After the market was closed the number of patients seemed to stabilise and fall, reassuring the authorities. But inside the hospitals of Wuhan, more and more people were presenting with symptoms and more and more doctors and nurses were falling ill, only for their cases to be deleted from the data by provincial bureaucrats in thrall to the seafood-market dogma.

This problem of “ascertainment bias” was also to fool western scientists for years as they continued to argue that because early cases were associated with, or lived near, the market, the virus must have started there. This was and is a circular argument.

Xi, poor chap, is quoted as lamenting the inadequacy of his minions

It was George Gao’s low-key announcement in May 2020 that the outbreak had probably not started in the market after all, where no infected animals had been found, that first alerted me to look further into a disturbing alternative possibility: that this might be a case of a laboratory accident.

So I assumed Professor Yang’s book, published in March 2024, would cover the question of how the virus first infected the human race, and how the regime dealt with investigating that question. I was to be disappointed. The only sentence in the entire book that deals with this matter reads as follows:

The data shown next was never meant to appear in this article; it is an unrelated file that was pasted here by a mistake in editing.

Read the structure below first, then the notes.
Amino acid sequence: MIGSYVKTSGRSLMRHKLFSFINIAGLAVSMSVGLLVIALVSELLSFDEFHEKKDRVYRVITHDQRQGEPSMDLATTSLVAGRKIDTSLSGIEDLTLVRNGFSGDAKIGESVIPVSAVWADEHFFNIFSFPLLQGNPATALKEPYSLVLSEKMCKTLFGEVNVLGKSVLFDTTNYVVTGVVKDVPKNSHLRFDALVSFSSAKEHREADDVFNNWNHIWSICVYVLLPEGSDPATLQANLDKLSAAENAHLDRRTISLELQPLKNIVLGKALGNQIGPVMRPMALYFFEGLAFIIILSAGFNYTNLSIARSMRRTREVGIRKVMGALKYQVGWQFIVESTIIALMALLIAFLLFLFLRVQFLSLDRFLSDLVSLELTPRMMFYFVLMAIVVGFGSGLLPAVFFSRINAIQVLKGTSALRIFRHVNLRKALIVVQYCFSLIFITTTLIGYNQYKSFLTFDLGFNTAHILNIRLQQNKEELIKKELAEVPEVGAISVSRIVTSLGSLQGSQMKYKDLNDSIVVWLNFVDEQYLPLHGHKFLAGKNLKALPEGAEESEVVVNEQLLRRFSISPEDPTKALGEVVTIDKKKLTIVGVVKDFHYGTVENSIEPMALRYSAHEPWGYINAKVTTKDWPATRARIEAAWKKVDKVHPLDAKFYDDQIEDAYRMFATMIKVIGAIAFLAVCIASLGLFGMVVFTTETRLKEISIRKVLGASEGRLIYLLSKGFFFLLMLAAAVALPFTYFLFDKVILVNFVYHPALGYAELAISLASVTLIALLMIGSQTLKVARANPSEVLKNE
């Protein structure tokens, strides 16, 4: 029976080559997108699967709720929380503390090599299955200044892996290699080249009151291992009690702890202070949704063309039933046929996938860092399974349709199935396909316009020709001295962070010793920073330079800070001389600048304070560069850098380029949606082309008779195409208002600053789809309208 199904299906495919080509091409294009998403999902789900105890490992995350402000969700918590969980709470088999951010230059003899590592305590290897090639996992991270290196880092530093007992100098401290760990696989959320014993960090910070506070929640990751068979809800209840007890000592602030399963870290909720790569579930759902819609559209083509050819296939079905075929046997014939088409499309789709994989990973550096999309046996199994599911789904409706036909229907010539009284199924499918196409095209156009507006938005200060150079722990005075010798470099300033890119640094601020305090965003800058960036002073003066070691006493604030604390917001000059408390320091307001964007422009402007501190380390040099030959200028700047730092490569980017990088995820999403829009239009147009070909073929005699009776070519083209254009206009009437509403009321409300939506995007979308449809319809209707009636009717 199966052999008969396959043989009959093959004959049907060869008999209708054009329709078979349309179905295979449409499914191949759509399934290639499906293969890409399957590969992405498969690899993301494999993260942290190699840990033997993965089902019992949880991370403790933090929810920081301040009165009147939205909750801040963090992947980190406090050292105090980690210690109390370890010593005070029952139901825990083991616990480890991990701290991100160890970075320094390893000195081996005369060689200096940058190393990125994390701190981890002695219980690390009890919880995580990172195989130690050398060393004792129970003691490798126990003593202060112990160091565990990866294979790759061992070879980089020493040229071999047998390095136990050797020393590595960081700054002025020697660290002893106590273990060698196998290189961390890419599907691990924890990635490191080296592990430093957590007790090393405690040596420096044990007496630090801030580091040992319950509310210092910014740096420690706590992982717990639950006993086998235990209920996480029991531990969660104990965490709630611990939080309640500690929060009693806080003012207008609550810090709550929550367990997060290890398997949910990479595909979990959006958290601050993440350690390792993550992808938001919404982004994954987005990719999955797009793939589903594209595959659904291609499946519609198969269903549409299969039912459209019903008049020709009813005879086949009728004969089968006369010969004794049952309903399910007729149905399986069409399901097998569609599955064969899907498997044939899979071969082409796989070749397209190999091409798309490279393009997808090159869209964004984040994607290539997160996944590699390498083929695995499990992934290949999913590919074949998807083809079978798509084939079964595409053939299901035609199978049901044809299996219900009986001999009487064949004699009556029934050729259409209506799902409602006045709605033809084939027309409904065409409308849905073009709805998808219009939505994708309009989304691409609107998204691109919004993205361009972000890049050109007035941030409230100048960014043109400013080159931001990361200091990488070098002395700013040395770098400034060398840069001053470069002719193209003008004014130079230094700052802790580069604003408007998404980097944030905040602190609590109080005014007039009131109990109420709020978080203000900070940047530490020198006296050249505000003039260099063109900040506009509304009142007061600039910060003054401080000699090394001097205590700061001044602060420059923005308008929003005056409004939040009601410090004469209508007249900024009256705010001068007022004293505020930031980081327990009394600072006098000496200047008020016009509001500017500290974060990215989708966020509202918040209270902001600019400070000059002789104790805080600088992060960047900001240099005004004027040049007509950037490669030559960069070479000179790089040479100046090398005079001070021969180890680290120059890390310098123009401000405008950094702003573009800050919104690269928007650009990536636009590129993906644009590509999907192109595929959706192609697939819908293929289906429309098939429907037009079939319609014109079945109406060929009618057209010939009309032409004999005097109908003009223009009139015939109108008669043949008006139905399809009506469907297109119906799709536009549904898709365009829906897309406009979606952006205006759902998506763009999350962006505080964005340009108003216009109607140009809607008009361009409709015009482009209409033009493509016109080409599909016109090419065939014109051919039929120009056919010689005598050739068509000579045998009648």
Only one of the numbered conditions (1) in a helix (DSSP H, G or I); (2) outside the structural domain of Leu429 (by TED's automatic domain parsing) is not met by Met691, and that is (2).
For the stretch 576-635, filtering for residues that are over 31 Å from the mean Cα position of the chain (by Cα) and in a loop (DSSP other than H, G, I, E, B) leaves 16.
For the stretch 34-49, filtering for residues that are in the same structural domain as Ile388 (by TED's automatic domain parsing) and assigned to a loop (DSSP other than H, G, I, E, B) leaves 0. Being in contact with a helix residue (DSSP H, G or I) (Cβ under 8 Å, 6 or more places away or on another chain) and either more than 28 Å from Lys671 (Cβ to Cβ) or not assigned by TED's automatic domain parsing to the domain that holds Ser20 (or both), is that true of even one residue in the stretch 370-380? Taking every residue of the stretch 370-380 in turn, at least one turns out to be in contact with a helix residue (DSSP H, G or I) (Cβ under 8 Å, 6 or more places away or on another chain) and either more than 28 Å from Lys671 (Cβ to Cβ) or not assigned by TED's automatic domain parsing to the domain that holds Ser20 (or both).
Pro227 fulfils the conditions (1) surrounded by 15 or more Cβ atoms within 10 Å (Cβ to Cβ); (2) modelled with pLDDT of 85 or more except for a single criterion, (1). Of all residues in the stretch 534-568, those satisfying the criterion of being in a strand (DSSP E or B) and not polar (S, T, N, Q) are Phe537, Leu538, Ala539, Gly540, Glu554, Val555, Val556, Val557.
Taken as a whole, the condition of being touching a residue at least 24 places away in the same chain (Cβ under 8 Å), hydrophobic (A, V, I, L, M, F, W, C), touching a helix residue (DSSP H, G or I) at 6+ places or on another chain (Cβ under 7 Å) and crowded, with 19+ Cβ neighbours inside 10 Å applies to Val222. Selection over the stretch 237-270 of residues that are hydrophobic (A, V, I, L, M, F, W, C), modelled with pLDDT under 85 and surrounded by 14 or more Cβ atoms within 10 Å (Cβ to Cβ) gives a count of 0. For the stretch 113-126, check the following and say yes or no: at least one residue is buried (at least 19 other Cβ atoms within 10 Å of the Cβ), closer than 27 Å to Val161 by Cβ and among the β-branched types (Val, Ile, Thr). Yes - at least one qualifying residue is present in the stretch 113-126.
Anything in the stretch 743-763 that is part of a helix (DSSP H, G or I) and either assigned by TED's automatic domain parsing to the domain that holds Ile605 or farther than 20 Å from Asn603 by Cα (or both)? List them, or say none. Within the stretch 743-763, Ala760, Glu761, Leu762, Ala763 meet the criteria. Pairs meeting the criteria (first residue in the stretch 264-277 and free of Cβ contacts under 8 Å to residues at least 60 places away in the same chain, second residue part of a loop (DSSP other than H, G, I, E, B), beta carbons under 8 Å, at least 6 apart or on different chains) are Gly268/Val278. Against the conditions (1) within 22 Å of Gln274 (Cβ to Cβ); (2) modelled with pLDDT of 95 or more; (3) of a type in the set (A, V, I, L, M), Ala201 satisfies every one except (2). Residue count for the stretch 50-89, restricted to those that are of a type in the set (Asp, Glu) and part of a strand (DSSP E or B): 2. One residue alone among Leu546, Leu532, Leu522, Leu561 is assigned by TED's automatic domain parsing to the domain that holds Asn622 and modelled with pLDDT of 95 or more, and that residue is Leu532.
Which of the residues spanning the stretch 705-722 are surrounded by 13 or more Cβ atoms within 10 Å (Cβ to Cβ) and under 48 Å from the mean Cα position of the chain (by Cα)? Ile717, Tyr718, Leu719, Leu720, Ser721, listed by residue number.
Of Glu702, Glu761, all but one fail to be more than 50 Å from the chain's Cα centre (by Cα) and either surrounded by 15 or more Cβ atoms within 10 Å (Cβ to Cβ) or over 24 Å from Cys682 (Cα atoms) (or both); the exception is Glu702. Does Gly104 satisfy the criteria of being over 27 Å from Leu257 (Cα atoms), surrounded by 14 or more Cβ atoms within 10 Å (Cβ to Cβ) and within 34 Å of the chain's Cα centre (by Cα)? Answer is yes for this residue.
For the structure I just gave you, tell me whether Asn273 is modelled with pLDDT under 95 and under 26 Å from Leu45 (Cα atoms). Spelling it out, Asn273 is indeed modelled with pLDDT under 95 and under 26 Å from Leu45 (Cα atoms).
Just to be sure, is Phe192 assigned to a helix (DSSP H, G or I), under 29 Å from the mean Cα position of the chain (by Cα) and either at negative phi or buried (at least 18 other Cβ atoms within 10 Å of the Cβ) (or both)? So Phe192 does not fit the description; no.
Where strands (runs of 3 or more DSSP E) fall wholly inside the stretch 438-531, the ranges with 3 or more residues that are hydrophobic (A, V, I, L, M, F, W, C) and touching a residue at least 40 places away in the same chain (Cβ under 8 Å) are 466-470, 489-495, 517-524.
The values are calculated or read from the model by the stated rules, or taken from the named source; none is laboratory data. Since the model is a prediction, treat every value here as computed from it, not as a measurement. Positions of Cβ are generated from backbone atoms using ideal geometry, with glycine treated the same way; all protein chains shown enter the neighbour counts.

Subsequently, the question of how the novel coronavirus SARS-CoV-2 arrived at the Huanan market in Wuhan — whether it was carried by one or more animals as an intermediate host or by a human who might have become infected with the virus elsewhere — has become one of the most hotly debated issues ever in science and public health.

Not hotly debated enough to be covered in this book, however.

This omission rang alarm bells with me. Surely the strong possibility of a laboratory accident — recognised by the World Health Organisation and Western governments — deserves a paragraph, if not a chapter, in a book about what went wrong in Wuhan? True, Mr Yang’s main concern is with how bureaucracies function, but he attempts to locate the blame for the mistakes made in Wuhan — and the possible lab leak would be a big one of those.

A clue to the omission soon emerges. Professor Yang homes in on “fragmented authoritarianism”, a term to describe how, in highly dirigiste regimes, local functionaries act to defend their own reputations rather than do the right thing. This, he seems to imply, mostly excuses Xi Jinping from criticism.